Lofty ambition

Lofty ambition


By Tahn Scoon  

Some brainstorming, hard work and clever purchases turn a kit barn into a cottage.

Nikki Sharp had always loved the flat, grassy spot near the creek on her parent’s property and had always wanted to build a house there. The main obstacle was finance: she needed the project to come in under $35,000.

However, with the help of her dad, who has a background in the building industry, and a lot of hard work she did realise her dream and is now the owner of a gorgeously individual two-bedroom cottage.

“We started off by buying a kit barn-style shed for $7000,” says Nikki. “That was the cheapest way to do it, but we made some design changes so it would look more like a cottage.”

The changes included extending the roof height to create a loft bedroom; using horizontal Colorbond cladding instead of vertical (to better replicate timber); and replacing aluminium door and window frames with timber.

“I didn’t want aluminium because then it would really look like a shed,” she says. “So I found these really cool double wooden French doors from an old shop that had closed down. I paid $50 for the lot — and then just painted them red.”

The timber shutter windows were also a lucky find. They had been custom made for another home but had been built in the wrong size, so were offered to Nikki for a fraction of the price.

Outside, a large timber deck was added. The base was constructed in steel which came from a building site. “It was left over from a job. We just gave them $50 to drop it off. And we had tin lying around from a shed that’d been pulled down, so we used that for the walls.”

An enormous part of being able to build on such a tight budget was that Nikki and her father did all the work themselves, with the exception of the electrics and some of the tiling.

“Tiling is one of the few places I thought it was worth spending a little more money,” she says. “I chose metallic tiles for both the kitchen and bathroom and, while the tiler was here doing the splashbacks, I copied what he was doing and tiled the top of an IKEA butcher’s block. I think he found it quite amusing.”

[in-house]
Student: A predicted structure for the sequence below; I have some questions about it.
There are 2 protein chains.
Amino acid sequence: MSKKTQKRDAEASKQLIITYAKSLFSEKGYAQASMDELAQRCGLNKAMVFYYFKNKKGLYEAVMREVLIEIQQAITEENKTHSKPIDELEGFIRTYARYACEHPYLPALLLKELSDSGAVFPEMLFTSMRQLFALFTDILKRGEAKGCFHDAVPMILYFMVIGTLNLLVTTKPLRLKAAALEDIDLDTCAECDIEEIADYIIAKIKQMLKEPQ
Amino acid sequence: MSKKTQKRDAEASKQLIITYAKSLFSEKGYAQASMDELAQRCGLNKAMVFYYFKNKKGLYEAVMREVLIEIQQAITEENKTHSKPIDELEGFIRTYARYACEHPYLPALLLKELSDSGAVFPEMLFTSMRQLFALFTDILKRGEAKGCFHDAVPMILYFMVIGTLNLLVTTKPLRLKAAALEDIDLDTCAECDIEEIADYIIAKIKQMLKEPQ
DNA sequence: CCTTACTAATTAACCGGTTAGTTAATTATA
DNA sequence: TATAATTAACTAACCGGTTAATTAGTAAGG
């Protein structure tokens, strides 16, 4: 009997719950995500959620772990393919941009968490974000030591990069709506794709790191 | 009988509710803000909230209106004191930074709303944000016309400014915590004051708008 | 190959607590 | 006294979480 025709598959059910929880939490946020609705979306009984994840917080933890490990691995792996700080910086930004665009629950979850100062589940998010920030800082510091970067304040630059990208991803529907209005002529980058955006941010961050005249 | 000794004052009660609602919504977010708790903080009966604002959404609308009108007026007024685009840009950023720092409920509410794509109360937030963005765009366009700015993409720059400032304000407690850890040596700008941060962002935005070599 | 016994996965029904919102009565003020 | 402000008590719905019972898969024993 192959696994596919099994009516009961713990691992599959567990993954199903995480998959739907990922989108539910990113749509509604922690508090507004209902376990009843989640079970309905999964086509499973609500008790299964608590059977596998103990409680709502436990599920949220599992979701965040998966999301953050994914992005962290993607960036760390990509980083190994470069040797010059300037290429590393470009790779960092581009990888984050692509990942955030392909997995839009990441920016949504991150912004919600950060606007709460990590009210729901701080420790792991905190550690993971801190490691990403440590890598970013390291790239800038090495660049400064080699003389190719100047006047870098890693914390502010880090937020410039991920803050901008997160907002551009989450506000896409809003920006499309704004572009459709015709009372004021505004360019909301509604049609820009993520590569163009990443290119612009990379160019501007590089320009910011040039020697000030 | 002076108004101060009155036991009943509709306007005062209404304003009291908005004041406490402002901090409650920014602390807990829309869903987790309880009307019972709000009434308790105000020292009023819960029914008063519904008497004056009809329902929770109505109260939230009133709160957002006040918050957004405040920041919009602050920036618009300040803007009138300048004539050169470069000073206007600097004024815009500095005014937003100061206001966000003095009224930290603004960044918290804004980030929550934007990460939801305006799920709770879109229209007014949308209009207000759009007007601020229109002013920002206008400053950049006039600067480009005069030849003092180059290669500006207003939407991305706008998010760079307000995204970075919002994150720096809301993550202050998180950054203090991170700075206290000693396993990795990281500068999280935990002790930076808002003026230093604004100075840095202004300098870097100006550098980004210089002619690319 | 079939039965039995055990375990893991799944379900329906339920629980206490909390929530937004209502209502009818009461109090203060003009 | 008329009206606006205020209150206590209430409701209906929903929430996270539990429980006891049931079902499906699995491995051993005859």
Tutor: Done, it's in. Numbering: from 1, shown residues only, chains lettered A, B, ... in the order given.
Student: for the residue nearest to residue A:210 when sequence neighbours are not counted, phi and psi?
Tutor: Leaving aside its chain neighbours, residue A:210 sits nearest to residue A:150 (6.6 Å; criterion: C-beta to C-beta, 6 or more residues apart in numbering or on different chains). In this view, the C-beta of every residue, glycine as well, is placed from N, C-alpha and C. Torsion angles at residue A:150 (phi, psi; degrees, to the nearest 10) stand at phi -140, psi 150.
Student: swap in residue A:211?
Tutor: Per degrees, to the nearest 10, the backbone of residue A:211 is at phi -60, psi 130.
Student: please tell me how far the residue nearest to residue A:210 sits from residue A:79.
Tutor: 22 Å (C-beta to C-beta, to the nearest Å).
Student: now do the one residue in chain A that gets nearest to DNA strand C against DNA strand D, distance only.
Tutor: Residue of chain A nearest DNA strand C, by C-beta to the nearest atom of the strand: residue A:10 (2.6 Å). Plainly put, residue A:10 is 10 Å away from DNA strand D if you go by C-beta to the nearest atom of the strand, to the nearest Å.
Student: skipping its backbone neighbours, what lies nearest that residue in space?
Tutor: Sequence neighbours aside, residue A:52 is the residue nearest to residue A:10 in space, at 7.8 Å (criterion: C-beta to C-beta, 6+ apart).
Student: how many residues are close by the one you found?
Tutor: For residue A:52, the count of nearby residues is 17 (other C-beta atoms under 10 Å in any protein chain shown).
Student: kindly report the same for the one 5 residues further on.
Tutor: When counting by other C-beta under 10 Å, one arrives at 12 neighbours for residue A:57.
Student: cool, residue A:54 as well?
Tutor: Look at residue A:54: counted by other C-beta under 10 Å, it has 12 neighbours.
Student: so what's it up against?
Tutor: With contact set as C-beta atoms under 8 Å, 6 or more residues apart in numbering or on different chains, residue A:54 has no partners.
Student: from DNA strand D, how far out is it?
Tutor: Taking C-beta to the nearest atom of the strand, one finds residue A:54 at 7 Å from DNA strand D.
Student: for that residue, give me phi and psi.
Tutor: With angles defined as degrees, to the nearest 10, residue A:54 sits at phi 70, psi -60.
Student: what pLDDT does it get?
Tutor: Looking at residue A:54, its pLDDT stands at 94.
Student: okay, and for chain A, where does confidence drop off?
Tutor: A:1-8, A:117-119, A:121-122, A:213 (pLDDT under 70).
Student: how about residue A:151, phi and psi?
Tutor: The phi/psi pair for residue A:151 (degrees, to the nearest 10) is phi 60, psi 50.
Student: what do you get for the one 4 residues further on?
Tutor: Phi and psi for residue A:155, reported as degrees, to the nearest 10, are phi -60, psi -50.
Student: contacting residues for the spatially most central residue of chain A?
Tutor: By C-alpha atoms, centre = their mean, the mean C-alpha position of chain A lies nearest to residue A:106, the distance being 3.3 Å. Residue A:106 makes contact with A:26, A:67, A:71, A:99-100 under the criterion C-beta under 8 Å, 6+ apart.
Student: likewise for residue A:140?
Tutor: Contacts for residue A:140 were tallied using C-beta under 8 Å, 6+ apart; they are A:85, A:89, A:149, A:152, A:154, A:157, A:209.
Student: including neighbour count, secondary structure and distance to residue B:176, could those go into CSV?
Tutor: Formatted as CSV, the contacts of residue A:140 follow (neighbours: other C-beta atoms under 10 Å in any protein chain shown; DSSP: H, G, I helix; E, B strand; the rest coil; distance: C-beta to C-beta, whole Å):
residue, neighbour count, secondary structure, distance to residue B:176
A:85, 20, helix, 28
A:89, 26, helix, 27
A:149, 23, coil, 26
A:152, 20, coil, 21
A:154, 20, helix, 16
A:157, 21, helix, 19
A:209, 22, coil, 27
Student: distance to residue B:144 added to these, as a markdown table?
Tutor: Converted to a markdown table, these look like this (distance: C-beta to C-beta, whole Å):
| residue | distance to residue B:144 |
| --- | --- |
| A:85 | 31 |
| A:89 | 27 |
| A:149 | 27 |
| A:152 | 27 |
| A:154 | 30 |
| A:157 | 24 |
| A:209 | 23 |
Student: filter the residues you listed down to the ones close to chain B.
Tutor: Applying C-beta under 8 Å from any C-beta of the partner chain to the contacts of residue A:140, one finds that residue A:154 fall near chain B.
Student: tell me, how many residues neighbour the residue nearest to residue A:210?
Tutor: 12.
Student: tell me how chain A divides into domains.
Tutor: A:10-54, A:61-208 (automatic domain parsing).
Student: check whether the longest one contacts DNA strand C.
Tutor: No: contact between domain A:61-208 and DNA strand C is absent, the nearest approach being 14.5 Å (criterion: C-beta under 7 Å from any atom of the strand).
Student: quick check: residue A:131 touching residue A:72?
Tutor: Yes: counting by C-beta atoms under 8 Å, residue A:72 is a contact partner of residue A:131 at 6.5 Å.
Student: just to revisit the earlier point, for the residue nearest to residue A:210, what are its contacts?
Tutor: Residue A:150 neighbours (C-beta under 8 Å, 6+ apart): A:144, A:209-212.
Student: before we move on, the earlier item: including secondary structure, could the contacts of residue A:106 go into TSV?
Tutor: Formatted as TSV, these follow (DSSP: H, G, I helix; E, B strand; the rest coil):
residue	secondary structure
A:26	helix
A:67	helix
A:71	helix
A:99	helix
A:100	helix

Rather impressively, Nikki constructed the unique kitchen benchtop and shelving herself out of Hebel brick: “It’s really strong but you can cut it with just a handsaw, so it’s also really easy to shape.”

To create a more rustic effect, Nikki came up with a simple solution: “I splashed the leftover Hebel glue all over the bench and then smashed and chipped away at it until I got the look I wanted.”

Old cedar sleepers were incorporated into the design and then the entire bench was sealed with a clear resin.

The rest of the kitchen furniture was sourced very affordably. The ladder (hung from the ceiling and used to store pots and pans) was found for a few dollars at a local antique shop, the freestanding cupboard was inherited from Nikki’s grandmother and the fridge was from a neighbour’s shed.

“They were also about to throw out the fireplace, so I grabbed that as well,” she says.

The living room furniture is also a collection of eBay, charity shop and garage sale finds, with the occasional small splurge: “The sofas were only $50 at a garage sale, so I could justify treating myself to the Bandhini cushions and throw. And the wall lights are really cool — they’re from IKEA. They’re supposed to be lamps, but I had them rewired.”

The inspiration for the bathroom came from a Byron Bay guesthouse Nikki had stayed in, which “had really big windows looking straight out onto the bush”. To achieve a similar effect, Nikki designed the shower around the windows, again using Hebel brick “so I could get the shape I wanted to retain as much of the view as I could. Then the brick was tiled over with the metallic tiles.”

Nikki’s son Jahman has the loft bedroom, which has an internal leadlight window overlooking the living area. “He’s very into nature and loves to pretend he’s sleeping in a tent outdoors, so we put trees up here and I painted vines on the walls.”

Nikki and Jahman share their cottage with a menagerie of animals, which include two dogs, six birds (including an eclectus parrot who impersonates Nikki’s dad perfectly, even to the point of telling the German shepherd to “get outside, bonehead”) and a little Devon rex kitten.

The family spends a lot of time out on the deck, which is comfortably furnished with sofas, a dining table and even rugs and art. “We live in Queensland,” says Nikki. “It’s warm, so we’re always out here — and the view’s gorgeous.”

Photography by Ken Brass